Interventions: Special Education

Topics: Special education, Individualized Education Program, Disability Pages: 7 (1992 words) Published: October 21, 2013

Monitoring development and making interventions
Monitoring development through observations, making assessments and targeting interventions can help lessen the likelihood of delays for children who are already at risk and can also prevent children who are not at risk from becoming at risk.

Early intervention services include a variety of different resources and programmes that provide support to enhance a child's development. These services are specifically tailored to meet a child's individual needs. Services include:

 Assistive technology (devices a child might need)
 Audiology or hearing services
 Counselling and training for a family
 Educational programmes
 Medical services
 Nursing services
 Nutrition services
 Occupational therapy
 Physical therapy
 Psychological services
 Respite services
 Speech/language

Identify and meet any additional educational needs
The Education Acts and the SEN Code of Practice provide frameworks for settings to identify and meet any additional educational needs. The Education Act 1996 states that a child or young person has special educational needs if “he or she has a learning difficulty which calls for special educational provision to be made for him or her”. Children with special educational needs all have learning difficulties and/or disabilities that make it harder for them to learn than most other children of the same age. These children may need extra or different help from that given to other children of the same age. The extra or different help could be a different way of teaching certain things, some help from an extra adult, or the use of a particular piece of equipment like a computer or a desk with a sloping top. Children may require extra or different help because they suffer from one or more difficulties such as:  Physical or sensory difficulties  Emotional and behavioural problems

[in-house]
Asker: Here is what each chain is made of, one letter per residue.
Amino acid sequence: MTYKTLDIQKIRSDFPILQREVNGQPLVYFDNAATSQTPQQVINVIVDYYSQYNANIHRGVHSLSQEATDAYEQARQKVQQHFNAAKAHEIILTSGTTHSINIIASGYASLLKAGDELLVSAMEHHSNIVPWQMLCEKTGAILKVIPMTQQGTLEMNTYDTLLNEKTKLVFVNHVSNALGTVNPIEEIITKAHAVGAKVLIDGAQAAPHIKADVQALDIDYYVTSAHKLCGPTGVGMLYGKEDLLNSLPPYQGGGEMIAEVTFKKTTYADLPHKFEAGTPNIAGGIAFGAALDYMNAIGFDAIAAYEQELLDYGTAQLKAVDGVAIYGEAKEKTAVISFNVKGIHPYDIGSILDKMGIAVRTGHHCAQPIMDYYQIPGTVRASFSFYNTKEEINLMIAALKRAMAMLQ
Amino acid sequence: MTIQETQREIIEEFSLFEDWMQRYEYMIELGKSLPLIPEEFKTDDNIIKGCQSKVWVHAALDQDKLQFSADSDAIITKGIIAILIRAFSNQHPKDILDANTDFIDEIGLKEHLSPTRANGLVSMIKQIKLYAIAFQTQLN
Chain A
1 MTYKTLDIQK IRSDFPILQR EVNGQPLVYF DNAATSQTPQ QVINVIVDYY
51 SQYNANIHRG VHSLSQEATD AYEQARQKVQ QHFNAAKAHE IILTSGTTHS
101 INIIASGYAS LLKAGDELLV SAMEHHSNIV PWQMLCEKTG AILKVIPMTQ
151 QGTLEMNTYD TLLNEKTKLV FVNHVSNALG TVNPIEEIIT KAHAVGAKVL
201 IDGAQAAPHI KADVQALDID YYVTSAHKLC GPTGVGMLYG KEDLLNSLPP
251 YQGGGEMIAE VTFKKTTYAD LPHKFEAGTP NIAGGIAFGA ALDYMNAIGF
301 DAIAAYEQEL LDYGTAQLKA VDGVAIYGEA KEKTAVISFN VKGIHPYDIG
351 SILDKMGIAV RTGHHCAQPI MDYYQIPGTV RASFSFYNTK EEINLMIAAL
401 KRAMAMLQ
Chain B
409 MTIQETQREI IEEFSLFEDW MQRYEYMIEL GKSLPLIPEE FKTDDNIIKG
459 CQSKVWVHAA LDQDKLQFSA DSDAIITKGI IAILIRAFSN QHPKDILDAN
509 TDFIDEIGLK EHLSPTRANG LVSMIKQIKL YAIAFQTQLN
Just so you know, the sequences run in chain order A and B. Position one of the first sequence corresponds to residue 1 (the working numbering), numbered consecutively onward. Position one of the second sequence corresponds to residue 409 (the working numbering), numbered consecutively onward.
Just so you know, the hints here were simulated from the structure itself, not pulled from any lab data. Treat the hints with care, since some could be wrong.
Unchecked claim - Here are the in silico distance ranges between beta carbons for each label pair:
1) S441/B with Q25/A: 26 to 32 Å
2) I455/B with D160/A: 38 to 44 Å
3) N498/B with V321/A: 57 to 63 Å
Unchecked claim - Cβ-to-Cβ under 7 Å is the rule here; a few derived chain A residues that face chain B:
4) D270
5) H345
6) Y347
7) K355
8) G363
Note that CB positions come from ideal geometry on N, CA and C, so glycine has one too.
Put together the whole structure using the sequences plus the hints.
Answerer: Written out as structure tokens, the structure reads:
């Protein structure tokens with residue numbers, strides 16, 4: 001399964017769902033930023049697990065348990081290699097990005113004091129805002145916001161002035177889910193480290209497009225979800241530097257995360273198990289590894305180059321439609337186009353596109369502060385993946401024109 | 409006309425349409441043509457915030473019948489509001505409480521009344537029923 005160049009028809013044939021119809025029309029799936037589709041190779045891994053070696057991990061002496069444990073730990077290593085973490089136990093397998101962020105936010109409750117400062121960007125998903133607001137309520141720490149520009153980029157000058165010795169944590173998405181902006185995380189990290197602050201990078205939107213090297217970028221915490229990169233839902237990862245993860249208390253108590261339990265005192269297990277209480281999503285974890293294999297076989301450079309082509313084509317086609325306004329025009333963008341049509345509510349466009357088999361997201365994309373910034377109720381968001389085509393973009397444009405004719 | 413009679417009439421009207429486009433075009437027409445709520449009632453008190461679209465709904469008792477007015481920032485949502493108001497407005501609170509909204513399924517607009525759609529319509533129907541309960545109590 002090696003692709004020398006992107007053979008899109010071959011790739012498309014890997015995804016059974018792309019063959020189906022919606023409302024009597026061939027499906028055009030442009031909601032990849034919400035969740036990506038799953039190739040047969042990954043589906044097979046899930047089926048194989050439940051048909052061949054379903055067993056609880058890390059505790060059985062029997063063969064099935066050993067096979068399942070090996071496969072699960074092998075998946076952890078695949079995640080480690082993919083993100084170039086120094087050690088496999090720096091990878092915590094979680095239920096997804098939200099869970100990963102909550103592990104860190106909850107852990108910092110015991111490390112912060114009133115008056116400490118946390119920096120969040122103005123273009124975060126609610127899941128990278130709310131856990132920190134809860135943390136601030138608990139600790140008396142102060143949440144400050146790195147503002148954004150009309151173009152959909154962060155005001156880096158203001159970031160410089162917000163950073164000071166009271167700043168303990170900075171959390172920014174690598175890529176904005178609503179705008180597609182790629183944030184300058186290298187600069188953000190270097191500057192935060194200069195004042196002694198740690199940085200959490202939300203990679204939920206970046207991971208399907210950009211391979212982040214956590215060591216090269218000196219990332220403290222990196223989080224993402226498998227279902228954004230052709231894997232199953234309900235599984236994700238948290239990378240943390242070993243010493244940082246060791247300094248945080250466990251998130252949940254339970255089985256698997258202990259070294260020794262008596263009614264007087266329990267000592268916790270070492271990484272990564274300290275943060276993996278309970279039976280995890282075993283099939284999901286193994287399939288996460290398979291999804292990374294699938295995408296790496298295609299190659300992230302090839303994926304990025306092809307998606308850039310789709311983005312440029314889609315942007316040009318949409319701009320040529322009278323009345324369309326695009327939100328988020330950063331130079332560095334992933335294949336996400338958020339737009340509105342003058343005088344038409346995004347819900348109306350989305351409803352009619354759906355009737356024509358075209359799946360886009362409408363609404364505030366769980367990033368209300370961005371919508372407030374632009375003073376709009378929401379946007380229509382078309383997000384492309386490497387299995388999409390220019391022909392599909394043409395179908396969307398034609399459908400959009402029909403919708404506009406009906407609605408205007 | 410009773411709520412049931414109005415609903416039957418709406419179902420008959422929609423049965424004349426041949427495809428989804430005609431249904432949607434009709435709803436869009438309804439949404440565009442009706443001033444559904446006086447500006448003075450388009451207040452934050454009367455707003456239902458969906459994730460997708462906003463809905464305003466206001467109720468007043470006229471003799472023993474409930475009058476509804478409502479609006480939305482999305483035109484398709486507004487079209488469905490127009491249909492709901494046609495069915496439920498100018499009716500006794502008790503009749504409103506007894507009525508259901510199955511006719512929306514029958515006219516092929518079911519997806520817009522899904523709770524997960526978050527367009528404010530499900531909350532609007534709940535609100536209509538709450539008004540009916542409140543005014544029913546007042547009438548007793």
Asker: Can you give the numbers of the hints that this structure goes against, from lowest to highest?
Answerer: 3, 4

 Problems with thinking and understanding
 Difficulties with speech and language
 How they relate to and behave with other people
These problems could mean that a child has difficulties with all of their school work or problems could arise in particular areas of their work such as:  Understanding information
 Reading, writing and number work
 Expressing themselves or understanding what others are saying  Behaving properly in school
 Organising themselves
 Forming relationships with other children or with adults

The law says that children do not have learning difficulties just because their first language is not English, but of course some of these children may have learning difficulties in addition. To help make an early identification of those children who may have special educational needs, schools must regularly measure children’s performance and progress. These assessments can be made by referring to:  Ongoing observation and assessment monitored by the teacher  Standardised screening or assessment tools

 The outcomes from baseline assessment results
 The objectives specified in the National Literacy and Numeracy Strategy Frameworks  The level descriptions within the National Curriculum at the end of a key stage

The aim of any intervention is to provide as much help as is required, but not to intervene more than is necessary. The three levels of support that are set out in the Code of Practice are: 1. School Action (or Early Years Action for younger children) 2. School Action Plus (or Early Years Action Plus for younger children) 3. Provision outlined in a statement of SEN

School action
Once practitioners have identified that a child has special educational needs, the setting should intervene through School Action (or Early Years Action for younger children). At this level of support the class teacher, the school’s special educational needs coordinating officer (SENCO), a Home Learning...
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